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Rethinking Supply Chains

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guided presentation on Elucidate that explains the 
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Case Study: How Replenishing Inventory by Pulling it thru the Supply Chain increases profits

The Negative Consequences of a Conventional Supply Chain

By: Henry F. Camp

“We can't solve problems by using the same kind of thinking we used when we created them."     - Albert Einstein

Introduction
This paper explores the cause and effect relationship between problems that exist in modern supply chains. More than that, the fact that these negatives actually spring from a single misunderstanding in our thinking is revealed. Then, to provide focus and shed light on the relative importance of these issues, an example is given that quantifies their financial impact. Knowing the central cause and having a strong incentive does not yet guarantee that we are on a path out of the woods. Since most people follow “the rules” without seriously questioning them, we must think deeply about how to gain buy-in in order to permanently change for the better.

A list of Evils
If you ask people in lots of companies, your ears will tune into a perpetual refrain. Different people in diverse industries use various words but, conceptually, the meaning is consistent. The following list is comprised of some of the most common.

It is easy to see that some are connected. For example, Shortages are a cause of Expediting. If a company wanted to reduce stubborn Surpluses, one of the consequences might be Inventory Promotion Sales.

The cause and effect of other connections are a little more complex. For example, Expediting could cause more than one effect. If it is frequent, it could be a contributor to Not Enough Time in the Day. Since there are costs associated with Expediting it can result in Costs Too High and also Plant Rescheduling. If you play the game of figuring out the connections, the diagram in Figure 1 will be the result.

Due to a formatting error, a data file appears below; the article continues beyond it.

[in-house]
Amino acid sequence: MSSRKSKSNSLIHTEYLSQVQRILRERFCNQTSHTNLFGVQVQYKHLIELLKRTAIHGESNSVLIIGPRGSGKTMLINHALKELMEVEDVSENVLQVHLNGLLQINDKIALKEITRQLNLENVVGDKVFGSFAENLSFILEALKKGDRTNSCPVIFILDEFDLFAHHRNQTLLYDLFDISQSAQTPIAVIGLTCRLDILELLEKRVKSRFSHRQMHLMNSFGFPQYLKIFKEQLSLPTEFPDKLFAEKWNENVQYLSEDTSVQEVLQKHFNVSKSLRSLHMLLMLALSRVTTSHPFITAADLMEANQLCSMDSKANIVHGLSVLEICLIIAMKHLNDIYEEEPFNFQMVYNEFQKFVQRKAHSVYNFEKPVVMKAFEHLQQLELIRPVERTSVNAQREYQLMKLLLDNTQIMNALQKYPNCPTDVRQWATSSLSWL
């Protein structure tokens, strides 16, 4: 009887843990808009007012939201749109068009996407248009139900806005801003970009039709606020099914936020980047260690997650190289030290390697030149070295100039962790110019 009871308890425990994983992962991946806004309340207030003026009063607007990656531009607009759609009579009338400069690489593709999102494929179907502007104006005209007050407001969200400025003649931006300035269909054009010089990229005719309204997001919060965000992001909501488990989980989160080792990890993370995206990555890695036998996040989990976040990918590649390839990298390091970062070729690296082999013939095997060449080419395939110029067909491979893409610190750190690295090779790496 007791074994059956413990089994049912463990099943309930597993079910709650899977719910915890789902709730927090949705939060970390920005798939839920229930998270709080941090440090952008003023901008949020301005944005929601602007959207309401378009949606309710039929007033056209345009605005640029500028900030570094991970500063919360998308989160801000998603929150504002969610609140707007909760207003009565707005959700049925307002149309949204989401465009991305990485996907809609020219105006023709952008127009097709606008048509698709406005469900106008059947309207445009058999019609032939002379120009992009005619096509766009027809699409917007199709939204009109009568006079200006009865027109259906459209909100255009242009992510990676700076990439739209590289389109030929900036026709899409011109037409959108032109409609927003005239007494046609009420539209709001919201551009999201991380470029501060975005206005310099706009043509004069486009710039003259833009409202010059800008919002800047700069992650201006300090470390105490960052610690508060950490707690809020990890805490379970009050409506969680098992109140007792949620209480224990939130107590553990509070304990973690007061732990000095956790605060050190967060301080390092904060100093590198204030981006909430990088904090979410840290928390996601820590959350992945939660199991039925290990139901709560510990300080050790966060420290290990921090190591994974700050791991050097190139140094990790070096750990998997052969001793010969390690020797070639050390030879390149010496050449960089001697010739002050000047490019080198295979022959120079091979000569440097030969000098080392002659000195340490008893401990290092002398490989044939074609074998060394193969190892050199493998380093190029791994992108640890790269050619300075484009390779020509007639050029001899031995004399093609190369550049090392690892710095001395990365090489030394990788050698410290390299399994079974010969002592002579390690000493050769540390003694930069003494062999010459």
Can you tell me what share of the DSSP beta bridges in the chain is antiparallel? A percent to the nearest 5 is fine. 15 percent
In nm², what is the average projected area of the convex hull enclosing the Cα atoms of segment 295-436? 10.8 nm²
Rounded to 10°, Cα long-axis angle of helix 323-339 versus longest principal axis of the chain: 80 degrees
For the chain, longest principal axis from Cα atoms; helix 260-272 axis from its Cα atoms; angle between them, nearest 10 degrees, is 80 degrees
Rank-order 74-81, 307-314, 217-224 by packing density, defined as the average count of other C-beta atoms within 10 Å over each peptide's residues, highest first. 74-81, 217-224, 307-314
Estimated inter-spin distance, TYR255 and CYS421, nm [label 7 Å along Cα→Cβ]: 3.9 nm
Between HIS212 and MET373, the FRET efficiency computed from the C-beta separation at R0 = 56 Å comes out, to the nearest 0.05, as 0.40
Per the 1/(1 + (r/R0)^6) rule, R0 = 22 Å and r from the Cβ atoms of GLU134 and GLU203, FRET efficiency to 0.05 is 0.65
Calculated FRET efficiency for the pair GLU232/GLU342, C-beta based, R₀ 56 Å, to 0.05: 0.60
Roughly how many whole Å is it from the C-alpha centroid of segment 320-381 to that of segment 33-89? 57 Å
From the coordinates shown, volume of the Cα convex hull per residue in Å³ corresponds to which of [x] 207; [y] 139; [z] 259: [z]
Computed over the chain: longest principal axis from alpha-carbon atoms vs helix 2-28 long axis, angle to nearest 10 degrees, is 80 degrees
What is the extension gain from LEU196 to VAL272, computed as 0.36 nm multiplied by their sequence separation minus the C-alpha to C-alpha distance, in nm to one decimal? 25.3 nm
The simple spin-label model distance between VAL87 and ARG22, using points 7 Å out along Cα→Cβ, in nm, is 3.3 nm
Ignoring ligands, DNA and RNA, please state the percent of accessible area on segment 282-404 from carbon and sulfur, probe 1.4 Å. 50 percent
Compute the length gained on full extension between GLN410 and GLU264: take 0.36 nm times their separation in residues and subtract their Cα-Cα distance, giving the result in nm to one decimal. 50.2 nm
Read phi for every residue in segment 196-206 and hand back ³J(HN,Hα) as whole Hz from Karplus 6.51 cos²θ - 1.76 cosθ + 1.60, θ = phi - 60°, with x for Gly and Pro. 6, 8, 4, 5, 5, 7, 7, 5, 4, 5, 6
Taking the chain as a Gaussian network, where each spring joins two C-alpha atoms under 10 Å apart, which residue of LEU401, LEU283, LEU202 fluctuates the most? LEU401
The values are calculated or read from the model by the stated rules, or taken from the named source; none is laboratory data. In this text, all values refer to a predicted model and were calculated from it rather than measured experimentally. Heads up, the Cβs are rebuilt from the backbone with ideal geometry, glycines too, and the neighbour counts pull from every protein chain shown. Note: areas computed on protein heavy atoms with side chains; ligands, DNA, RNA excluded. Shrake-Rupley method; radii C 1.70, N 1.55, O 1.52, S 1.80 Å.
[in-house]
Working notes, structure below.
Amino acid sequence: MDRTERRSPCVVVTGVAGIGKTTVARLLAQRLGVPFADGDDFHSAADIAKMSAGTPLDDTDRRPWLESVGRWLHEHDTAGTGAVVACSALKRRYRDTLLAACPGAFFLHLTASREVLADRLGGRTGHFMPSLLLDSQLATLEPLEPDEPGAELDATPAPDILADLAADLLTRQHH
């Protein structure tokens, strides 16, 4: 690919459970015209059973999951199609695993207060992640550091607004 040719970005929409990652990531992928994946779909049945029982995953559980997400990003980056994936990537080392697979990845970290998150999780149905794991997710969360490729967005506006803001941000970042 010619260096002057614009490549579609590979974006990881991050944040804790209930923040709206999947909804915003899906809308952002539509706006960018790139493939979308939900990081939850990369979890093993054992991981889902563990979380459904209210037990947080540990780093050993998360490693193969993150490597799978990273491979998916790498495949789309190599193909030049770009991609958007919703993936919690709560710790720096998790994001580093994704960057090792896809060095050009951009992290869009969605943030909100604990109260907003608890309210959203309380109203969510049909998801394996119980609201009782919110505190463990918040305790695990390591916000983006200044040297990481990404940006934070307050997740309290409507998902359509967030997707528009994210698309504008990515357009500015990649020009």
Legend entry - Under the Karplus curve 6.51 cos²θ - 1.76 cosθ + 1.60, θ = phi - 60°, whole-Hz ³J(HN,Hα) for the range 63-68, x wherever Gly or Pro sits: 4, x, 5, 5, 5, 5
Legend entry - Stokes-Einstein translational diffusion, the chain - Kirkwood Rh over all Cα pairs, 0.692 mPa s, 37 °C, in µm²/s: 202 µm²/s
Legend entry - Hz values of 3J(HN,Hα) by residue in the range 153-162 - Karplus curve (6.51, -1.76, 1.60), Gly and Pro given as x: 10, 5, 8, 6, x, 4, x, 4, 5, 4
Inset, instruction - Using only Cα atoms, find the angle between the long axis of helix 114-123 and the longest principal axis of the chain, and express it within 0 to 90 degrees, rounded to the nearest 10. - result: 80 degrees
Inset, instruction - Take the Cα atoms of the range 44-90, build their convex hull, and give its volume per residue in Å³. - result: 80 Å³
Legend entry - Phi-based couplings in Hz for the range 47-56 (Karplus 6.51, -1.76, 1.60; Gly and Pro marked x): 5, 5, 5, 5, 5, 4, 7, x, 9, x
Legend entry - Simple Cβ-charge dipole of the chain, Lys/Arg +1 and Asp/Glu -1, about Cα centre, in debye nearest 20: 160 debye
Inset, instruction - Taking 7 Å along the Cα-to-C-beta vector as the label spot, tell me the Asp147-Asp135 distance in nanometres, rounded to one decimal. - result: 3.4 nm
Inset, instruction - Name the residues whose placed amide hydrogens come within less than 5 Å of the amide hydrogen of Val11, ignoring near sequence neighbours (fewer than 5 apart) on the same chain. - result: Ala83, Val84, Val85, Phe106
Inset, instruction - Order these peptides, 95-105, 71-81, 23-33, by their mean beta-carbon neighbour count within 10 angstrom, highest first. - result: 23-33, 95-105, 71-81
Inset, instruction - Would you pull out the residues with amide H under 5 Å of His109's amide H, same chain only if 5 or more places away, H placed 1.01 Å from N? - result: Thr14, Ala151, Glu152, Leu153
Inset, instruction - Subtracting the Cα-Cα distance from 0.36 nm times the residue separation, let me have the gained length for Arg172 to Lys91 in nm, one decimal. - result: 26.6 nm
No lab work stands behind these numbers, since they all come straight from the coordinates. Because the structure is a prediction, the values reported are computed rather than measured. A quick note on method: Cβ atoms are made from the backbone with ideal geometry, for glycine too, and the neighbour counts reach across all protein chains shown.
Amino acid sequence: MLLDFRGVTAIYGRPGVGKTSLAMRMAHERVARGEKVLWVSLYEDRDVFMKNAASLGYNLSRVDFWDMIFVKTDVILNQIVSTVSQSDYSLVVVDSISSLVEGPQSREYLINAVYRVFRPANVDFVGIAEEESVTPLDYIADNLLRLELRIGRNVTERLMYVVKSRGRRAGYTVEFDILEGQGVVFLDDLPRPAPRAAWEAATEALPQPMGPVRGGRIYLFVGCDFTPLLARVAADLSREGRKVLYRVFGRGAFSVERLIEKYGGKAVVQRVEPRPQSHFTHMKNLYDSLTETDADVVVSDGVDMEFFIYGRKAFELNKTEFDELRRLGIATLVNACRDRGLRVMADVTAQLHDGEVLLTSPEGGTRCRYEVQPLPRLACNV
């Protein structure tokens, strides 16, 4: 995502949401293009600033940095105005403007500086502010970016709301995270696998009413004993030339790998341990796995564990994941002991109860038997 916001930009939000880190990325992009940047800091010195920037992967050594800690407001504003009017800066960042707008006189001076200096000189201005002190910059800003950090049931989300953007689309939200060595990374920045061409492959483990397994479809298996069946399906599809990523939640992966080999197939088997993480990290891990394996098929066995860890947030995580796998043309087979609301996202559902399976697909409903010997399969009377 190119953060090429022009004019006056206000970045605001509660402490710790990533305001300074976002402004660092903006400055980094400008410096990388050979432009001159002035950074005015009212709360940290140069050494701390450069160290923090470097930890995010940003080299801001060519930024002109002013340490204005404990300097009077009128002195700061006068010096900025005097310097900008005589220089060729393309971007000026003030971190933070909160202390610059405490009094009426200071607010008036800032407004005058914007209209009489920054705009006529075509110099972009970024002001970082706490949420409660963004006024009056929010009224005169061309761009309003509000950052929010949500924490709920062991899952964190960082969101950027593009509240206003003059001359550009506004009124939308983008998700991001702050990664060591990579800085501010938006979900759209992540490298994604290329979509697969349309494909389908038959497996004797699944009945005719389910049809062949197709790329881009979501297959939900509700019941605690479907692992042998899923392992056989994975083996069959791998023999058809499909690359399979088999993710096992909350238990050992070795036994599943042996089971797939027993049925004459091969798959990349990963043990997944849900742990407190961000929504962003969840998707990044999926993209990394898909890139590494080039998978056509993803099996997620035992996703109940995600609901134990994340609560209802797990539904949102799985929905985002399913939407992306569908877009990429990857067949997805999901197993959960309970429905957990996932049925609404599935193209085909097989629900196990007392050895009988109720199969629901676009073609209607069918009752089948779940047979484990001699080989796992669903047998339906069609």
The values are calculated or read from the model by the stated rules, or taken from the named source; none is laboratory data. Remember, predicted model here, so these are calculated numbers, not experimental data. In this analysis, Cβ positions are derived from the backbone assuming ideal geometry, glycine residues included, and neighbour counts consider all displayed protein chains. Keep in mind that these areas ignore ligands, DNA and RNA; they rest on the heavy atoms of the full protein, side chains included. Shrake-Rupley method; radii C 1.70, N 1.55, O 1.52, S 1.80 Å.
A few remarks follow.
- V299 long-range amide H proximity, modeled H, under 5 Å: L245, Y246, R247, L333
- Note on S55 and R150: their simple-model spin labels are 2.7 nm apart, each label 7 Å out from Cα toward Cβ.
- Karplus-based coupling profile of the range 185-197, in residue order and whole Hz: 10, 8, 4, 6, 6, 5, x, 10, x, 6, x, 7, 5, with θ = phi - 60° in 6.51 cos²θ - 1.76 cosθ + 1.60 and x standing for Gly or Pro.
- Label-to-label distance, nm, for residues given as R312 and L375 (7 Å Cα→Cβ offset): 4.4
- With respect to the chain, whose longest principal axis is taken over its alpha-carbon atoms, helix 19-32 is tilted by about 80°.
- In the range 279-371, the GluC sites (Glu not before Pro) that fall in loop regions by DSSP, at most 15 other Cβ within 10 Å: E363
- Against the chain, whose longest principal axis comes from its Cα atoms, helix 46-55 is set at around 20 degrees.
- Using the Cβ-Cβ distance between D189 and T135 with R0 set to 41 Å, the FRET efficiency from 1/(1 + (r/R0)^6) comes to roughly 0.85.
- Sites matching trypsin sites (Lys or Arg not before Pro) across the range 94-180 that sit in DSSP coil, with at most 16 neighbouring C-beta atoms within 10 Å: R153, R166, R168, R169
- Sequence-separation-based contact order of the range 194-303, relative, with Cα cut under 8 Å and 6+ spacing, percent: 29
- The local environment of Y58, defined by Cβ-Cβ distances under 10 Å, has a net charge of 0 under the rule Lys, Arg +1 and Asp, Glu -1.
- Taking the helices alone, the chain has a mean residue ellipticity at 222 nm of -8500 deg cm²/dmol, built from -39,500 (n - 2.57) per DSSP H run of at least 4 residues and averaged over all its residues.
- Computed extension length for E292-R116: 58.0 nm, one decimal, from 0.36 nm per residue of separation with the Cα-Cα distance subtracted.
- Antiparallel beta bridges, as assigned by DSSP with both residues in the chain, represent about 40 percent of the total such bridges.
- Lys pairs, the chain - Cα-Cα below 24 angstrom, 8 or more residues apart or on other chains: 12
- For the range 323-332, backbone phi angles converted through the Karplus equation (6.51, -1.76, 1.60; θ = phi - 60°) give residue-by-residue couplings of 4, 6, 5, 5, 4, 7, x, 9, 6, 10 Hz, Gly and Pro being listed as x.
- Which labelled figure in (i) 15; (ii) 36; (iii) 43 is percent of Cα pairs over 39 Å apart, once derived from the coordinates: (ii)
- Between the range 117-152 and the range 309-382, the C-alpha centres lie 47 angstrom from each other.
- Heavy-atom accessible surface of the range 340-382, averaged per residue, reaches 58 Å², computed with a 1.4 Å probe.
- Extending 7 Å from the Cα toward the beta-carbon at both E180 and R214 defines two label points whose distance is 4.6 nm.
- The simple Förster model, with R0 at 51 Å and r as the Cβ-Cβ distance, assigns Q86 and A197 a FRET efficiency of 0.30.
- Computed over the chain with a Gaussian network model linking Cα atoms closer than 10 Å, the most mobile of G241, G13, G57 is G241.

I have excluded other elements which would be necessary to make the cause and effects rigorously logical. It is enough to present a conceptual framework that someone familiar with their own company’s situation would recognize.

The Underlying Needs
Holding the wrong inventory is obviously the cause of Shortages and Surpluses. We know people are doing this, because, if they weren’t, the list of undesirable effects would vanish with the root cause, and nobody would be grumbling about them. What isn’t so obvious are the reasons why most companies hold the wrong amounts. People are neither stupid nor crazy. There have to be good reasons for holding too much or too little. If there weren’t, people wouldn’t be doing it.

A hypothesis is that people in companies are being pulled in opposing directions simultaneously. They feel compelled to reduce inventories for obvious reasons: if they do so, the ills caused by Surpluses disappear. Just as obviously, the evils caused by Shortages will go away if there are none. Decision makers know what to do but not when to stop doing it. It takes time to get inventory in – the lead time. After making a decision to order or not to, the situation can change, making Surpluses into Shortages or vice versa. Wait. Doesn’t your forecast solve that problem? It would if it were always right. Unfortunately, the opposite is true; the forecast is always wrong.

In general, the damage done by too little inventory is worse than the damage done by holding too much. Therefore, we can predict that average inventories will be too high, because managers err on the side of holding too much and placing orders less often. Still, there is a need to compromise to avoid the pain caused by Surpluses. This leads us to predict that, at least for some of the items held in stock, there will be Shortages.

An Example, Please